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19 December 2018

With Jonathan Pearlman

Caught in US–China crossfire

Nine days ago, former diplomat Michael Kovrig was picked up by authorities in Beijing and taken to prison, where he has been held without being formally charged or allowed access to lawyers. His crime is his nationality: he is from Canada, a country whose ties to China typically look much like Australia’s. Kovrig’s imprisonment is almost certainly a retaliation against Canada for arresting Meng Wanzhou, a senior executive at Chinese telecommunications giant Huawei. She was passing through Vancouver airport when Canadian customs were alerted to a US warrant to extradite her, for allegedly conspiring to breach its trade sanctions against Iran.

Beijing warned Canada it would face “grave consequences” if Meng was not released. Three days later Kovrig, an analyst at The International Crisis Group, had been detained, along with Michael Spavor, a Canadian entrepreneur who promotes tourism and investment in North Korea. China did not seem to care that extradition treaties prevented Canadian prime minister Justin Trudeau from having any control over Meng’s arrest.

Donald Trump further embroiled Canada by explicitly politicising the affair and linking it to his trade war with Beijing, noting that he was willing to intervene in the criminal case against her. “If I think it’s good for what will be certainly the largest trade deal ever made – which is a very important thing – what’s good for national security, I would certainly intervene,” he told Reuters.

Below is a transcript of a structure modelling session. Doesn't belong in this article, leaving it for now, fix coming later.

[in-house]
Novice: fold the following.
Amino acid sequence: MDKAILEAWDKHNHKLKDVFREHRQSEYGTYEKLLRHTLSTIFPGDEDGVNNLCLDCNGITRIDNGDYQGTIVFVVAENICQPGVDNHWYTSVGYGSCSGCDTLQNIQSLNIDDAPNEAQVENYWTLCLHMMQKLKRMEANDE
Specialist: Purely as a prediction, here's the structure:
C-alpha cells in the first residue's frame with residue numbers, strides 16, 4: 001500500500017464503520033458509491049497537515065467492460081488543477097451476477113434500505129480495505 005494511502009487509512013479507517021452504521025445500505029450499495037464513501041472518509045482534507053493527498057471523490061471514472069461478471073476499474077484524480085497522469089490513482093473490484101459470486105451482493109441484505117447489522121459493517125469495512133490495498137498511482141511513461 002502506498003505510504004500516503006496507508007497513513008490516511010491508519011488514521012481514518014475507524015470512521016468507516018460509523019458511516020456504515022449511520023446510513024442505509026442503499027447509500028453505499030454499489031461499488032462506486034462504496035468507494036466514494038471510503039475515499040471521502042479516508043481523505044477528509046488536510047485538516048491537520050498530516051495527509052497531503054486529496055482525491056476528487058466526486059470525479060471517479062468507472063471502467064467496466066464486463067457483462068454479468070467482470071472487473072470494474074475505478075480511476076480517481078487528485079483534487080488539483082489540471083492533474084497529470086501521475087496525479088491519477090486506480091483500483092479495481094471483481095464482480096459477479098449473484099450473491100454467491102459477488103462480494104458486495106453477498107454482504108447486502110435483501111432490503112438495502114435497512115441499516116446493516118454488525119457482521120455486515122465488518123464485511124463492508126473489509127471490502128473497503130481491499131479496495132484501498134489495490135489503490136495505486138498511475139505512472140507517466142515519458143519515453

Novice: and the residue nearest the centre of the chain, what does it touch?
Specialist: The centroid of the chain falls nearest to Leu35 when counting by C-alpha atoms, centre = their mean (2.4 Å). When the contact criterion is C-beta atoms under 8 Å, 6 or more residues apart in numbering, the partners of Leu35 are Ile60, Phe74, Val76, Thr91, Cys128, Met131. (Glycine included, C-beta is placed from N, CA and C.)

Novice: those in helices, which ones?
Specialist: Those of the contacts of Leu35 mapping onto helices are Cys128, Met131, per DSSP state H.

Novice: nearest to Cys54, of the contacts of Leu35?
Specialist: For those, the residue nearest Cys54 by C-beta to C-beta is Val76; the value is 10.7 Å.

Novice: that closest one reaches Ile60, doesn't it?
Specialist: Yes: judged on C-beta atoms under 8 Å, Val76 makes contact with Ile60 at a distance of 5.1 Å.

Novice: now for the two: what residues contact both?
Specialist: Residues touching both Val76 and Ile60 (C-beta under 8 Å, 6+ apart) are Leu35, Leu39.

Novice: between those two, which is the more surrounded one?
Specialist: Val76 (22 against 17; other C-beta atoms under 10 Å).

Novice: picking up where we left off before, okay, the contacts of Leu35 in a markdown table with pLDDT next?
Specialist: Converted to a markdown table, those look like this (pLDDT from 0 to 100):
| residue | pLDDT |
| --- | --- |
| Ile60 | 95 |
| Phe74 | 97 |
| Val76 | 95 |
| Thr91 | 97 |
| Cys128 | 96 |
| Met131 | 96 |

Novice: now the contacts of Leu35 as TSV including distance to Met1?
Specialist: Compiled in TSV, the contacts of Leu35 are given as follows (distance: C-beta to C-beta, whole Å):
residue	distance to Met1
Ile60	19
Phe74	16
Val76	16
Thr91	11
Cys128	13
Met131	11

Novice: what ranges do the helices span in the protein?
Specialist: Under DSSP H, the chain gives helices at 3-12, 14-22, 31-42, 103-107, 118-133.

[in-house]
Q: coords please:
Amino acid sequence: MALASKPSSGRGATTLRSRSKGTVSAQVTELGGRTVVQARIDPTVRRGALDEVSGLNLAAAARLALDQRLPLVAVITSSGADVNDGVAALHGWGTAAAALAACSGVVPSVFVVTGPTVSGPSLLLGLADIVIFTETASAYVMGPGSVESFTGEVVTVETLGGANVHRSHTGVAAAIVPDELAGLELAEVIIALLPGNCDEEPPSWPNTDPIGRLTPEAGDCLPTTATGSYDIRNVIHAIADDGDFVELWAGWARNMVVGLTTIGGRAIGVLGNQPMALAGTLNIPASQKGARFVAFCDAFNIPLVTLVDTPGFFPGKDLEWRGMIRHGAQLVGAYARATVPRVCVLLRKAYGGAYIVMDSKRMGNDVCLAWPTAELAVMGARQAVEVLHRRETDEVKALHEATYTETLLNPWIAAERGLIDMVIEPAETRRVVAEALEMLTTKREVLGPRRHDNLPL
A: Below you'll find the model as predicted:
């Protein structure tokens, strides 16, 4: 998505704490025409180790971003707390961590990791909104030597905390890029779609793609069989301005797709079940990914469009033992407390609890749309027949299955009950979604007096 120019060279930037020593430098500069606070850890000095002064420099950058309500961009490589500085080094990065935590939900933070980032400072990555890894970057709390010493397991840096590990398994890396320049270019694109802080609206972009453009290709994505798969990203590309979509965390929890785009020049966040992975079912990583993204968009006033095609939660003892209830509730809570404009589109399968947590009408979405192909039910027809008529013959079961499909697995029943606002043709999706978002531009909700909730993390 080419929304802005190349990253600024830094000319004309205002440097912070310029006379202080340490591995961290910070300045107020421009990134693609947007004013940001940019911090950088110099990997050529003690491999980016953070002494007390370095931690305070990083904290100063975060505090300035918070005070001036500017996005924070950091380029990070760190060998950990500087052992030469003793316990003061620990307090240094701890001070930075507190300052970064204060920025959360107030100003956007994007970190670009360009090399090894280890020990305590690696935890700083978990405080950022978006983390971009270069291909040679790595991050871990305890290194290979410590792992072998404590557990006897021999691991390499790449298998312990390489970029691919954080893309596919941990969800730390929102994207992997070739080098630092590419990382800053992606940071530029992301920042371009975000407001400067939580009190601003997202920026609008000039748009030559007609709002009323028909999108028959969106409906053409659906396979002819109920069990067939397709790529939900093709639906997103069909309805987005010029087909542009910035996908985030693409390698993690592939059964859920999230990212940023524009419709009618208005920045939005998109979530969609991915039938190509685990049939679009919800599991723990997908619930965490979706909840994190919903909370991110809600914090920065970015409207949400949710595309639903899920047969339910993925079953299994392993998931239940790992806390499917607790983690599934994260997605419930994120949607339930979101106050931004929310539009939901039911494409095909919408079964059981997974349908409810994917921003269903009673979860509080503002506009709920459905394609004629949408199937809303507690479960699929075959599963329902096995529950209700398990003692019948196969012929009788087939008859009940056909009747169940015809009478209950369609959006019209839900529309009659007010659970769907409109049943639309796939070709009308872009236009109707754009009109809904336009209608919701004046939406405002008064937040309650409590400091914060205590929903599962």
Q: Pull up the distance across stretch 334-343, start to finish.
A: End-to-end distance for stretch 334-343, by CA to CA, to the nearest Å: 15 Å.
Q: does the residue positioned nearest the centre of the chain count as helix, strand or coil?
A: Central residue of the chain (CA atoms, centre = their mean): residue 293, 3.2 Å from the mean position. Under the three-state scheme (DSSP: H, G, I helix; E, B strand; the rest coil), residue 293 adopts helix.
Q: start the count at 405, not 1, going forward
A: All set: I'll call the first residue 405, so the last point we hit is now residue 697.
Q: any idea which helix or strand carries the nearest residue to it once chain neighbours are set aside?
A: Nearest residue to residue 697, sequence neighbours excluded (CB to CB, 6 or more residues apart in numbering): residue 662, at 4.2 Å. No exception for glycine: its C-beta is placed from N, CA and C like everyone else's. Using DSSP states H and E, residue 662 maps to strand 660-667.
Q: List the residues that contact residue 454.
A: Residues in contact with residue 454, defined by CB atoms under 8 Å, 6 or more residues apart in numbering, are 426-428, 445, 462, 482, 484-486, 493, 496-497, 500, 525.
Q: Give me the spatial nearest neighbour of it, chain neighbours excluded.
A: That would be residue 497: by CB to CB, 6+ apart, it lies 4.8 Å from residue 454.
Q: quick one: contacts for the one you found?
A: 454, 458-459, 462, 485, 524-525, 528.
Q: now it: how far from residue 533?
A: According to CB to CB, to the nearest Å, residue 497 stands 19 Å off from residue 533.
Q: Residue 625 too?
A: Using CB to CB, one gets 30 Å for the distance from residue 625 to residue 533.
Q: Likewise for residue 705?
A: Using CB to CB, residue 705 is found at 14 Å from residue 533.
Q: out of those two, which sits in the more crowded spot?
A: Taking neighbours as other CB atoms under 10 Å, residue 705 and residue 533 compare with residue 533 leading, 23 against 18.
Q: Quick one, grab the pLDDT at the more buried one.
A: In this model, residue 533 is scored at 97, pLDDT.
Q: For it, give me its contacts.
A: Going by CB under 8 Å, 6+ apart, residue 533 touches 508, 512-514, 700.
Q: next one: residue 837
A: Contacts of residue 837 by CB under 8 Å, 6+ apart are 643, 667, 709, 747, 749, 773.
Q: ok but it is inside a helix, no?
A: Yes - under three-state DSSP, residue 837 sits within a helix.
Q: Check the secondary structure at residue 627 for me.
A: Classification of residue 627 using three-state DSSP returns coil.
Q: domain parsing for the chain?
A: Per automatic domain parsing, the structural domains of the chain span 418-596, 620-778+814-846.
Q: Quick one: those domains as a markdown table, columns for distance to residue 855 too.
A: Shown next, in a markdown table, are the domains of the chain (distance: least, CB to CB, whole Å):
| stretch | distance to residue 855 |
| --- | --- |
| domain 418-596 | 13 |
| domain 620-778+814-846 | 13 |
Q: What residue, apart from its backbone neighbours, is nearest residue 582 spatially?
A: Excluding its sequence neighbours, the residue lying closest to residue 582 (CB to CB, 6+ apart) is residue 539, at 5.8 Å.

The arrests of Kovrig and Spavor show, yet again, that China will avenge perceived slights. Meng is the daughter of Ren Zhengfei, the founder of Huawei. The firm is the world’s largest telecommunications manufacturer but has gained notoriety in recent years after countries such as Australia, the US and New Zealand banned it from projects due to national security concerns.

Beijing barely hid its motivation for arresting the two Canadians. Last Friday, China’s ambassador to Canada, Lu Shaye, went further, warning in a speech in Ottawa that a Canada–China free trade agreement “faces new obstacles due to reasons known to all”.

Meng has been released on bail, with a guarantee of A$10.3 million, and is living in her lavish Vancouver holiday home while she awaits extradition hearings. The two Canadians in China have enjoyed no such due process. Based on previous similar cases involving foreign detainees, Kovrig and Spavor are likely being held in a secret prison where they face sleep deprivation and hours of daily questioning designed to coax a confession.

Their predicament is an unfortunate consequence of their country being caught up in rising tensions between the global superpower, the US, and the contender, China. It was fortunate for Australia that Meng’s holiday house was not in Mosman or Toorak.

China’s hard-line, vengeful approach has been consistent and is unlikely to change. Worryingly, it seems that Washington, particularly under Trump, cannot necessarily be trusted to prevent its friends from becoming caught in its rivalry with Beijing. Indeed, it may sometimes – or often – be in Washington’s interests to see ties between its allies and China deteriorate. Last month, for instance, after Trump met his Argentinian counterpart, Mauricio Macri, in Buenos Aires, the White House released a statement describing their shared concern about China’s “predatory” economic behaviour. Argentina, which relies heavily on Chinese investment, quickly denied that the term “predatory” had been used. It hardly matters whether the White House claim was by error or design: it clearly had little concern about any potential strain on Argentina’s relationship with China. 

When caught in the crossfire, countries such as Argentina, Canada and Australia – and countless others – can only attempt to clean up the mess, and to hope for the emergence of less headstrong leaders than Trump or Xi Jinping. The pair have agreed to try to reach a truce in their trade war by March 2019, but there is little sign of a lasting peace. Trump faces re-election in two years. Xi is leader for life.